language: eng
source:
identifier: E-ISSN: 1872-7972 ; DOI: 1872-7972 ; DOI: 10.1016/j.neulet.2011.03.074
fulltext: fulltext
issn:
  • 18727972
  • 1872-7972
url: Link


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titleTransient alcohol craving suppression by rTMS of dorsal anterior cingulate: an fMRI and LORETA EEG study.
creatorDe Ridder, Dirk ; Vanneste, Sven ; Kovacs, Silvia ; Sunaert, Stefan ; Dom, Geert
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subjectAlcoholism–Blood ; Alcohols–Pathology ; Brain–Physiopathology ; Brain Mapping–Therapy ; Brain Waves–Blood ; Electroencephalography–Blood Supply ; Female–Physiopathology ; Gyrus Cinguli–Physiology ; Humans–Physiology ; Image Processing, Computer-Assisted–Blood ; Magnetic Resonance Imaging–Methods ; Middle Aged–Methods ; Oxygen–Methods ; Transcranial Magnetic Stimulation–Methods ; Alcohols ; Oxygen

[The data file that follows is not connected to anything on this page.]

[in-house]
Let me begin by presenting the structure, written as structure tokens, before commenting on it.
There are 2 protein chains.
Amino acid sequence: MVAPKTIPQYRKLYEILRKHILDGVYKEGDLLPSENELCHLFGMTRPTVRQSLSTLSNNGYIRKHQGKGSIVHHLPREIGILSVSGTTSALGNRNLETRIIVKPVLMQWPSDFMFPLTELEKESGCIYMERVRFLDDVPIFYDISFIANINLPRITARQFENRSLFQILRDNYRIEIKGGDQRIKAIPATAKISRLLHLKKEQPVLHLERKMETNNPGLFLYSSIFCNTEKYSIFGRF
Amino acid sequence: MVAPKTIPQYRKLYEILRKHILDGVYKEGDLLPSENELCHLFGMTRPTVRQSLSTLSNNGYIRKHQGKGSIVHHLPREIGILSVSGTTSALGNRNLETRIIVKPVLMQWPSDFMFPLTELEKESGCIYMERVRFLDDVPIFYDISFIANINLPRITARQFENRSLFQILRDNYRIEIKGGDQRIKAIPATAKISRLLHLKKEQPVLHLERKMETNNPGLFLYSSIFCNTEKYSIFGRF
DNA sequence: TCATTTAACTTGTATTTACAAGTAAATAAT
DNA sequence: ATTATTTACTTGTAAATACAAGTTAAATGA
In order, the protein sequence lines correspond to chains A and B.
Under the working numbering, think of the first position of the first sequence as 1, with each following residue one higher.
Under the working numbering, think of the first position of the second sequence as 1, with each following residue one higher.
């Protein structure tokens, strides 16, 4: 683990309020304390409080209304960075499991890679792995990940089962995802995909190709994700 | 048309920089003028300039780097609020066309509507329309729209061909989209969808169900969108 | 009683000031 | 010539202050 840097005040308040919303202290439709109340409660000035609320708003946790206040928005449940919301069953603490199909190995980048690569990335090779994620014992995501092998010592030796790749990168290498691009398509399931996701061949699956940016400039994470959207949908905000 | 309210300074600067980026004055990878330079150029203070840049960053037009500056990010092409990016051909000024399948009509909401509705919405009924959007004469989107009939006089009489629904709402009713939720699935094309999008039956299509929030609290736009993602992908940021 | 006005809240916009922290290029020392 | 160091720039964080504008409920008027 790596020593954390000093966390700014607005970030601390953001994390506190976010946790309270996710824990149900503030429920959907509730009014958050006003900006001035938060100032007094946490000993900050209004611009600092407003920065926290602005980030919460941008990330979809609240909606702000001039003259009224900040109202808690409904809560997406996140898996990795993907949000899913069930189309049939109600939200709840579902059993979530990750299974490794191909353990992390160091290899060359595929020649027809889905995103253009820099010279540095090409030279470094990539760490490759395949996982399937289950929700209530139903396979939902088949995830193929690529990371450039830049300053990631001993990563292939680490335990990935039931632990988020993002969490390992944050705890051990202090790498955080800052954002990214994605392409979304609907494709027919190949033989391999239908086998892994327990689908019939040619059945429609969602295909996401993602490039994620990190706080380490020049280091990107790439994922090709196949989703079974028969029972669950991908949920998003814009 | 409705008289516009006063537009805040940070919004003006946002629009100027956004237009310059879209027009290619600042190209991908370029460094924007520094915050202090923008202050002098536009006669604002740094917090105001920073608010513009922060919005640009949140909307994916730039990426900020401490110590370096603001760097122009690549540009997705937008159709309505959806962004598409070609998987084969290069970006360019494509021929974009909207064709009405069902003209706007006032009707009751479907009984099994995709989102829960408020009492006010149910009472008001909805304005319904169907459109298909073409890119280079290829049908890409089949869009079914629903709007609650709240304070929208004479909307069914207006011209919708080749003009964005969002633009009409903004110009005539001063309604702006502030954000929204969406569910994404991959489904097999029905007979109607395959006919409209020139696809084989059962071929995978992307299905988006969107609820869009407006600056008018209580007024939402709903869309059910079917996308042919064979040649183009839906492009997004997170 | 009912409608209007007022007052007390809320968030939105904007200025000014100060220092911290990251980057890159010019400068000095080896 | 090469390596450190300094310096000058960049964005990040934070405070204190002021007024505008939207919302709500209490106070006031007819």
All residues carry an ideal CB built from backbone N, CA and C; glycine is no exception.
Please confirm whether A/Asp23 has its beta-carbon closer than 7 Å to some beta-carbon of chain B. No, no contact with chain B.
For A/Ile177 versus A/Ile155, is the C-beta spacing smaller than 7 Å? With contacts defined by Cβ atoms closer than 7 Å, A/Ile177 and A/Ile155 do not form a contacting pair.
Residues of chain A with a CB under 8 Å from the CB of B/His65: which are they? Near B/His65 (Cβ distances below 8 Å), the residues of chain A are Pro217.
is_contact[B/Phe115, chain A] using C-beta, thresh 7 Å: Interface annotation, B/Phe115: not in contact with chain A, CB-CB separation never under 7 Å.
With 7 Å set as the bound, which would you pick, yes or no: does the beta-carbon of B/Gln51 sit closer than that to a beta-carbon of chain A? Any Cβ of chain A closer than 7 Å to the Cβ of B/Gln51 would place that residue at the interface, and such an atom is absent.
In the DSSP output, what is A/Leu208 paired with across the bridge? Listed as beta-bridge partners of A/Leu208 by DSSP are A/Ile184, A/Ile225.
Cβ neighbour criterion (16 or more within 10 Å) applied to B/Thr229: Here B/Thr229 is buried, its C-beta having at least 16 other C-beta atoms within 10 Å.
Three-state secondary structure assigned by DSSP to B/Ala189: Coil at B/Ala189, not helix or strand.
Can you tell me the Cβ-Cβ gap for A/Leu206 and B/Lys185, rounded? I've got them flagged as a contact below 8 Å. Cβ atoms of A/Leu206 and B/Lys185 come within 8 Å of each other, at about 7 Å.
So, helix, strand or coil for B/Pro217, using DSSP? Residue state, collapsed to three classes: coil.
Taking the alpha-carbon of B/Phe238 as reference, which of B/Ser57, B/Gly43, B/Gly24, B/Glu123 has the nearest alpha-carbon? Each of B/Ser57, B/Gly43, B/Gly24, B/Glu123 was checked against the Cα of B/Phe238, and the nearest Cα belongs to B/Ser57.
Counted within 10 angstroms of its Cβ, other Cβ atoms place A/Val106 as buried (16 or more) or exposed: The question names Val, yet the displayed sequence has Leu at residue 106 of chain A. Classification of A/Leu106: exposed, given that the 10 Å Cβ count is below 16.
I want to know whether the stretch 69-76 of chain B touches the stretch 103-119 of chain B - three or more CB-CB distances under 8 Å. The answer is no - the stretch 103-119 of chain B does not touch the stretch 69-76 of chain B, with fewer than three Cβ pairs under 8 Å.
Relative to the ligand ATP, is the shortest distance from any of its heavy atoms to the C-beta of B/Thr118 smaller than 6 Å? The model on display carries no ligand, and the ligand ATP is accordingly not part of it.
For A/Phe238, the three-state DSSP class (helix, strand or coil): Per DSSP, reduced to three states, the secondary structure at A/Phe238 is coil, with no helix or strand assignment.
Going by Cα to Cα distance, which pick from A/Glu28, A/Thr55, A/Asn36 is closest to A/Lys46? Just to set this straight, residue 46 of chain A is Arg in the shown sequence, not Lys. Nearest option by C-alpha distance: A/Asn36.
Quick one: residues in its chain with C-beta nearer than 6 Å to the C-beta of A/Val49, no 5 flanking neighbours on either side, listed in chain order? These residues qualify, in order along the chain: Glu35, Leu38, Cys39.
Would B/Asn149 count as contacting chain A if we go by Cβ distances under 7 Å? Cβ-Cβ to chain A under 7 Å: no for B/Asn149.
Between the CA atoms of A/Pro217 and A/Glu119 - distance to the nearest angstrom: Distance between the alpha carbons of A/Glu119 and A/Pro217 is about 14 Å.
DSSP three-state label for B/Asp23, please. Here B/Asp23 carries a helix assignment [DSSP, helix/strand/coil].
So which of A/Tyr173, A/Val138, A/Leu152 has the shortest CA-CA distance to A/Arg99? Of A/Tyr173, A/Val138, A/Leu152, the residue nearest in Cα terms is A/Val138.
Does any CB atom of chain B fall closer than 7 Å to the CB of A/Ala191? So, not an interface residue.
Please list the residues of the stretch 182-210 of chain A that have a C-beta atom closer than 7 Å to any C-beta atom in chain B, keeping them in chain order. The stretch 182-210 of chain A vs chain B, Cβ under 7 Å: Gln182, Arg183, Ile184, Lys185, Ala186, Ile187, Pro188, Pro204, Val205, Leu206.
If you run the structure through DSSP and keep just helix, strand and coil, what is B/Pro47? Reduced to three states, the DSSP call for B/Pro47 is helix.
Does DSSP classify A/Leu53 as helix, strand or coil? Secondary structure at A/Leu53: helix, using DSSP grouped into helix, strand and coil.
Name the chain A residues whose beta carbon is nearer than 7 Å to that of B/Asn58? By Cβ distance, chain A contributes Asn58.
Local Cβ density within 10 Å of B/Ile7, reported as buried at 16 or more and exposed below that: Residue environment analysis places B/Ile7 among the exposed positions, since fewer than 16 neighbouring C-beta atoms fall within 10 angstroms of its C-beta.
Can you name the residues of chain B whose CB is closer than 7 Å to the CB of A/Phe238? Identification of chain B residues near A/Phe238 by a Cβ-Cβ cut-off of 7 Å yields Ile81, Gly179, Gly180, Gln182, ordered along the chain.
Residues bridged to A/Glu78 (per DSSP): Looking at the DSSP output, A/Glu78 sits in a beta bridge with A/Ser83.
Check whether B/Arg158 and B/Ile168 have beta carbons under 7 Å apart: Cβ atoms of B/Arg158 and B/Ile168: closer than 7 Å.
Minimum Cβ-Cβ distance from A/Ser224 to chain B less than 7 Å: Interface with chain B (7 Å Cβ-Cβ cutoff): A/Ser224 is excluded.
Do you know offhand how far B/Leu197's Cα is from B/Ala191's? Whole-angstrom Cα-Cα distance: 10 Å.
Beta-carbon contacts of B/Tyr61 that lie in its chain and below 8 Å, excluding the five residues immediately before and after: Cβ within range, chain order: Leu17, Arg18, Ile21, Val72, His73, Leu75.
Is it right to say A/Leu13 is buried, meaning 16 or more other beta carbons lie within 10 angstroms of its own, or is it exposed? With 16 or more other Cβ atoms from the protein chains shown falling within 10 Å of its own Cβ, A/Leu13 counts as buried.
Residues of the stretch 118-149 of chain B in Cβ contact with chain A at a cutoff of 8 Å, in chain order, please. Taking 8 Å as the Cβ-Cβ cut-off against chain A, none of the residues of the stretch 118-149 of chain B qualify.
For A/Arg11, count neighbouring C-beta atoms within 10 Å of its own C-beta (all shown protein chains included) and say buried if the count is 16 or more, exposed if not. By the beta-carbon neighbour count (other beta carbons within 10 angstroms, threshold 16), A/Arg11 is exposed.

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descriptionHighlights ► ACC and PCC are phase synchronized on EEG during alcohol craving. ► Alcohol craving is characterized by increased activity in the ACC and PCC on EEG. ► Cue induced worsening of craving pre-rTMS activated the ACC-VMPFC on fMRI. ► Hyperactivity in the ACC craving associated with craving disappeared after rTMS. ► Relapse was associated with recurrence of ACC and PCC activity. It has recently become clear that alcohol addiction might be related to a brain dysfunction, in which a genetic background and environmental factors shape brain mechanisms involved with alcohol consumption. Craving, a major component determining relapses in alcohol abuse has been linked to abnormal activity in the orbitofrontal cortex, dorsal anterior cingulated cortex (dACC) and amygdala. We report the results of a patient who underwent rTMS targeting the dACC using a double cone coil in an attempt to suppress very severe intractable alcohol craving. Functional imaging studies consisting of fMRI and resting state EEG were performed before rTMS, after successful rTMS and after unsuccessful rTMS with relapse. Craving was associated with EEG beta activity and connectivity between the dACC and PCC in the patient in comparison to a healthy population, which disappeared after successful rTMS. Cue induced worsening of craving pre-rTMS activated the ACC-vmPFC and PCC on fMRI, as well as the nucleus accumbens area, and lateral frontoparietal areas. The nucleus accumbens, ACC-vmPFC and PCC activation disappeared on fMRI following successful rTMS. Relapse was associated with recurrence of ACC and PCC EEG activity, but in gamma band, in comparison to a healthy population. On fMRI nucleus accumbens, ACC and PCC activation returned to the initial activation pattern. A pathophysiological approach is described to suppress alcohol craving temporarily by rTMS directed at the anterior cingulate. Linking functional imaging changes to craving intensity suggests this approach warrants further exploration.